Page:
The Atlantic

Can Anything Stop Rural Decline?

Small towns across Japan are on the verge of collapse. Whether they can do so gracefully has consequences for societies around the globe.
Source: B.S.P.I. / Getty

TOCHIKUBO, Japan—The children had moved to the big city, never to return.

So their parents, both over 70, live out their days in this small town in the mountains, gazing at the rice paddies below, wondering what will become of the house they built, the garden they tended, the town they love.

“I don’t expect them to come back,” Kensaku Fueki, 73, told me, about his three daughters, all married and living in Tokyo. “It’s very tough to live on farming.”

For decades, young people have been fleeing this rural village, lured by the pull of Japan’s big cities like Tokyo and Osaka. Tochikubo’s school now has eight children, and more than half of the town’s 170 people are over the age of 50. “Who will come here now?” said Fueki, who grew up in this village and remembers a time when many of the houses weren’t abandoned, when more people farmed the land and children roamed the streets.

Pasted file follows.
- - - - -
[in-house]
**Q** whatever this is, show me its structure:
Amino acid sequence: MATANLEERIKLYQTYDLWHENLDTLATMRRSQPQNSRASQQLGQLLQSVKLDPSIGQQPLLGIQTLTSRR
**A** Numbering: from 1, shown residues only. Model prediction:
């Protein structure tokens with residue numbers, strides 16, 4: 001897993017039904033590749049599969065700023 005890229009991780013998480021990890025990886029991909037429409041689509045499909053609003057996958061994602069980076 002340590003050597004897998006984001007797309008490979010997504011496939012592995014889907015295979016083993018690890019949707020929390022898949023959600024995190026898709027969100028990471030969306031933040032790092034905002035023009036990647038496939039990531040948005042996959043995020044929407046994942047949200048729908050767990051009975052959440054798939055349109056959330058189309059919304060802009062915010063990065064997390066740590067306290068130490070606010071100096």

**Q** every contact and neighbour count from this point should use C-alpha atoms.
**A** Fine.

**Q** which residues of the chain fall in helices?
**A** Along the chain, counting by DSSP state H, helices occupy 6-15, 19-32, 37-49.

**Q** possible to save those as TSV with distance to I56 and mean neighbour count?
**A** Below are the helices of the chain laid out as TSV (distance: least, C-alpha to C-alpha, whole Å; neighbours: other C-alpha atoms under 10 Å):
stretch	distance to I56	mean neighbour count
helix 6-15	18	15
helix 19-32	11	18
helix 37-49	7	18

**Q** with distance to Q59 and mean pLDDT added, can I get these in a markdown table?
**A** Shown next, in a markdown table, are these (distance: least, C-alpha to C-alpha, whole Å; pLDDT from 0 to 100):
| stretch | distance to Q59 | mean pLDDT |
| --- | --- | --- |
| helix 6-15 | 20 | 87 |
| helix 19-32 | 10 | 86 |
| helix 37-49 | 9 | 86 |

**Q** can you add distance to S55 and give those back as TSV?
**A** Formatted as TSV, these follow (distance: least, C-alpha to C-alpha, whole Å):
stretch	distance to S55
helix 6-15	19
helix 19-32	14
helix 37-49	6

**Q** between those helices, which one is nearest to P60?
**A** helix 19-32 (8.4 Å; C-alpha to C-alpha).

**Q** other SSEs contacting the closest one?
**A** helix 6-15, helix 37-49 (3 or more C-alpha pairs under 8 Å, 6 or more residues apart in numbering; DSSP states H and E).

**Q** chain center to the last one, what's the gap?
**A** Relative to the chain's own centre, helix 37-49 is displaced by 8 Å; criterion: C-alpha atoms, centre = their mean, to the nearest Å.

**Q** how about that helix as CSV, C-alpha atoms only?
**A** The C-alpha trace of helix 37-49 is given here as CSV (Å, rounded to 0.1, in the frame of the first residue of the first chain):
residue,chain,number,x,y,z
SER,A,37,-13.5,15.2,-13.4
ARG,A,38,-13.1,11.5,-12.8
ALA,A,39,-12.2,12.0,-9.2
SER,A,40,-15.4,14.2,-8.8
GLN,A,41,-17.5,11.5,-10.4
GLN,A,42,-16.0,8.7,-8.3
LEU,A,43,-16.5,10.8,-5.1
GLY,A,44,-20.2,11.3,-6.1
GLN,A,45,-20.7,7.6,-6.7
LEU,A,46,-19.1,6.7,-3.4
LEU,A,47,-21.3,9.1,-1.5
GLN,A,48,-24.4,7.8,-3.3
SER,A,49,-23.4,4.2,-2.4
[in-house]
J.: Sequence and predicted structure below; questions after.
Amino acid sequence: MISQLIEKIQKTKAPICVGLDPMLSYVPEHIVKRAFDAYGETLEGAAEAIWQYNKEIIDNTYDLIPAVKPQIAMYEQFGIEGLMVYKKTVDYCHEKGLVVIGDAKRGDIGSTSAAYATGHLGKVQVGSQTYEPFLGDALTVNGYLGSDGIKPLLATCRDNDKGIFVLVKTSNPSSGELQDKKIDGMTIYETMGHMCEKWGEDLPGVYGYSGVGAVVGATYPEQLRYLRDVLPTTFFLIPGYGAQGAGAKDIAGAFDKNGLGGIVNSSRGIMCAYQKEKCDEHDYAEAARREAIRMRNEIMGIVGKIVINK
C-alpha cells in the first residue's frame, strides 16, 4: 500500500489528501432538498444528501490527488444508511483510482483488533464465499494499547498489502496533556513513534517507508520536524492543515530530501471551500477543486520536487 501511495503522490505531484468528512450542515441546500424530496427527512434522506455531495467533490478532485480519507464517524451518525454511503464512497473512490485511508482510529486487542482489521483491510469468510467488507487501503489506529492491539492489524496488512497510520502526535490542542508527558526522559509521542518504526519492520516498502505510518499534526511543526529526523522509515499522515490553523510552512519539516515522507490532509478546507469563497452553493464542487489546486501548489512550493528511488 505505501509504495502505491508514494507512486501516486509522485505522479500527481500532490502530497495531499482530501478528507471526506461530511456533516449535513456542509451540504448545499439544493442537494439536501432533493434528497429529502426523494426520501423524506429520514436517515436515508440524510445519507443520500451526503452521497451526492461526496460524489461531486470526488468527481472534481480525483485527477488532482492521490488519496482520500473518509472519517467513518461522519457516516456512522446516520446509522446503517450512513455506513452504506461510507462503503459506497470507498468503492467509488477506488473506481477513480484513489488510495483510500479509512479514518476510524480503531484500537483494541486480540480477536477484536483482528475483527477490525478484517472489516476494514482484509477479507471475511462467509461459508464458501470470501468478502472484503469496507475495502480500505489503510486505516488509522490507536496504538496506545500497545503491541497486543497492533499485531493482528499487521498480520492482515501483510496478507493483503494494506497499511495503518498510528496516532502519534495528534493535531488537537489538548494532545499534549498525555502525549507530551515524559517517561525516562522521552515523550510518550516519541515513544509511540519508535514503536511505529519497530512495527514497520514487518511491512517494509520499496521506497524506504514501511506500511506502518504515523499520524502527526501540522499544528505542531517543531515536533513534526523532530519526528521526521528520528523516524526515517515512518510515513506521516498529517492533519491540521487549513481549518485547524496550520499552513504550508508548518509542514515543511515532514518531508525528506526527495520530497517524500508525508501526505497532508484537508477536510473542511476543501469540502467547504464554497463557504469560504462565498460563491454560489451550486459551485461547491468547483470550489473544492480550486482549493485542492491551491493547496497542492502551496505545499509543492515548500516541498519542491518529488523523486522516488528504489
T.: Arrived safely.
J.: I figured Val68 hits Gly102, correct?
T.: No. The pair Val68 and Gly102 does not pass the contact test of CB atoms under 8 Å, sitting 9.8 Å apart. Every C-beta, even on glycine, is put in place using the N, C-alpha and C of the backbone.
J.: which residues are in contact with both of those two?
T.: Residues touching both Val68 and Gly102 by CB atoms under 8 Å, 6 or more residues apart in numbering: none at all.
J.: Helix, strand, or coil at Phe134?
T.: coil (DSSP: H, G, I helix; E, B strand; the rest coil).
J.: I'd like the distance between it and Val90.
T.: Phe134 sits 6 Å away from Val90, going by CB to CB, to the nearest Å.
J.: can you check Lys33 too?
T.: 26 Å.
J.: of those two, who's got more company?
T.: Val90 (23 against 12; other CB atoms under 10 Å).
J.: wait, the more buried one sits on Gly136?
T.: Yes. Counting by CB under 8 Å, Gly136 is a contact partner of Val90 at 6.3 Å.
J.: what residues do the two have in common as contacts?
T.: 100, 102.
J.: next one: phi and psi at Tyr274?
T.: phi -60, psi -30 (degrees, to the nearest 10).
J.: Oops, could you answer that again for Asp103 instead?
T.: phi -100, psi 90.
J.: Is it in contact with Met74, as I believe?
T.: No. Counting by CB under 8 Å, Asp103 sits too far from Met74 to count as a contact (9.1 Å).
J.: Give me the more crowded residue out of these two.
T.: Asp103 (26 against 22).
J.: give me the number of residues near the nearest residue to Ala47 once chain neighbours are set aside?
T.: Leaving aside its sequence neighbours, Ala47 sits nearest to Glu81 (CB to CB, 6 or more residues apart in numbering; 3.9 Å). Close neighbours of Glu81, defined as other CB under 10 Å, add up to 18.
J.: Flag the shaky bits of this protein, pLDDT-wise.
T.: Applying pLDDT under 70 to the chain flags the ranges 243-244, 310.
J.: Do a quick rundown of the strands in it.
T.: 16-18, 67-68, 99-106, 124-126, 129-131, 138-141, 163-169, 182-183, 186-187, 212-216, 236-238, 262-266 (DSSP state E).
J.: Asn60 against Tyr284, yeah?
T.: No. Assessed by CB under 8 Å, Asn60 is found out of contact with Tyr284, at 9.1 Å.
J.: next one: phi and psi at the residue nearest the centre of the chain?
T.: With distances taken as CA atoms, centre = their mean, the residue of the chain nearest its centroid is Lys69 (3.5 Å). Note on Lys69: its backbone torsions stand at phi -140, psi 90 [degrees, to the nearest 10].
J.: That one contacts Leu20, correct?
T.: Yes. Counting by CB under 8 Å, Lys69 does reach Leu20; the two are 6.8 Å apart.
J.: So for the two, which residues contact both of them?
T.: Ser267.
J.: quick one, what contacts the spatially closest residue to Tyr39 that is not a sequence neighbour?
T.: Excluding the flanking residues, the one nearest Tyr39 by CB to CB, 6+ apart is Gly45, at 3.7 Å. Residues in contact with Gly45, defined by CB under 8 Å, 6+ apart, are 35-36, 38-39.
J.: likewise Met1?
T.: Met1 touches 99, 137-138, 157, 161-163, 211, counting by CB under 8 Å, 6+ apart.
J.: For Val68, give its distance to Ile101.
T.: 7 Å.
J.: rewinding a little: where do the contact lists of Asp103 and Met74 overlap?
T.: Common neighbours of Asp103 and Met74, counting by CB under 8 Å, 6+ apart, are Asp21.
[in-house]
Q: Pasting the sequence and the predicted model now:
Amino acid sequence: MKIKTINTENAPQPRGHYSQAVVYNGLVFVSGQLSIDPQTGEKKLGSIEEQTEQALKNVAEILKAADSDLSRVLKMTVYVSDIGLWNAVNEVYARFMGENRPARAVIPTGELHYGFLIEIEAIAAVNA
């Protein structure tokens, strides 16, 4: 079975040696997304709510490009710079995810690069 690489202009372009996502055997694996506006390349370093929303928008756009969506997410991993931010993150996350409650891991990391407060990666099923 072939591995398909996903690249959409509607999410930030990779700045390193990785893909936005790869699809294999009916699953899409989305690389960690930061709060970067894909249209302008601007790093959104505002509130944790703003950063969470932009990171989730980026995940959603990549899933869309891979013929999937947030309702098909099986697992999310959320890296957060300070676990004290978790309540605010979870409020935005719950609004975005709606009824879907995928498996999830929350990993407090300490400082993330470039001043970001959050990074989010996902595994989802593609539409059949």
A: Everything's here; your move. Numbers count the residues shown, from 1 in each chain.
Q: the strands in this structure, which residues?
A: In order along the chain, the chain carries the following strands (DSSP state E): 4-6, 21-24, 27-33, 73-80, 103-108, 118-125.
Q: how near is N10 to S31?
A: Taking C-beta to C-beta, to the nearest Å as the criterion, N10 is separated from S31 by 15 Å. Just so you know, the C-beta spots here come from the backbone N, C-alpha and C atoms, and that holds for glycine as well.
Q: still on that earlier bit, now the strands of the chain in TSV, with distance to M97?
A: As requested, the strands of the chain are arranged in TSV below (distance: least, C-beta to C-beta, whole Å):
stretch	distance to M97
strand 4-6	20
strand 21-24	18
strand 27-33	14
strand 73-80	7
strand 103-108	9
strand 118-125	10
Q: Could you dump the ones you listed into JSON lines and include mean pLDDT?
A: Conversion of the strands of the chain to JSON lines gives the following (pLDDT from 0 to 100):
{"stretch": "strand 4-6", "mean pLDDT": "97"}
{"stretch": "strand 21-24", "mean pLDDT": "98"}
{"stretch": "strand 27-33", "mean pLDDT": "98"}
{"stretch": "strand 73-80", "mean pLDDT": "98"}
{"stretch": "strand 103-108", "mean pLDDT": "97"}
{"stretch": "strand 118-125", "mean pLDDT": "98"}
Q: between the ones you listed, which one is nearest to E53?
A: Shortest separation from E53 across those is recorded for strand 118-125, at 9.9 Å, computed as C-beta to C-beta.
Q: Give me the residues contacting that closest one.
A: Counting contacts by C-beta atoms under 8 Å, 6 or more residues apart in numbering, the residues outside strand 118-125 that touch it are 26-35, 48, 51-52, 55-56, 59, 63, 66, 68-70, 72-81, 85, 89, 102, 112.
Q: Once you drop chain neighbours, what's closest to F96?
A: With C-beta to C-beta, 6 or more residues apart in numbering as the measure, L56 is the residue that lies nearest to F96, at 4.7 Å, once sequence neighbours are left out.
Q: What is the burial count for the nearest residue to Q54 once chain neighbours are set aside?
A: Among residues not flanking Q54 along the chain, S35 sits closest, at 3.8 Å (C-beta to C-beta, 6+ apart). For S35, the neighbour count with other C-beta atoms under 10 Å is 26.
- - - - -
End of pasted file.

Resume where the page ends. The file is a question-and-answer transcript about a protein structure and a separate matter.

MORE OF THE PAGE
This village is not an anomaly. Japan is slowly becoming something like one big city-state, with the majority of the population centered in an urban belt that runs through the clusterofTokyo, Osaka, and Nagoya, all located relatively near each other,along the route of Japan’s bullet train. In 1950, 53 percent of Japan’s population lived in urban regions; by 2014, 93 percent of the population lives in urban regions.) It is mostly young people who move to the cities, and that means that as Japan’s population ages, the cities and towns outside the city-state are left to fade away. Japan’s Ministry of Internal Affairs says that now, of Japan’s 65,000 or so communities have more than half of their population over the age of 65.

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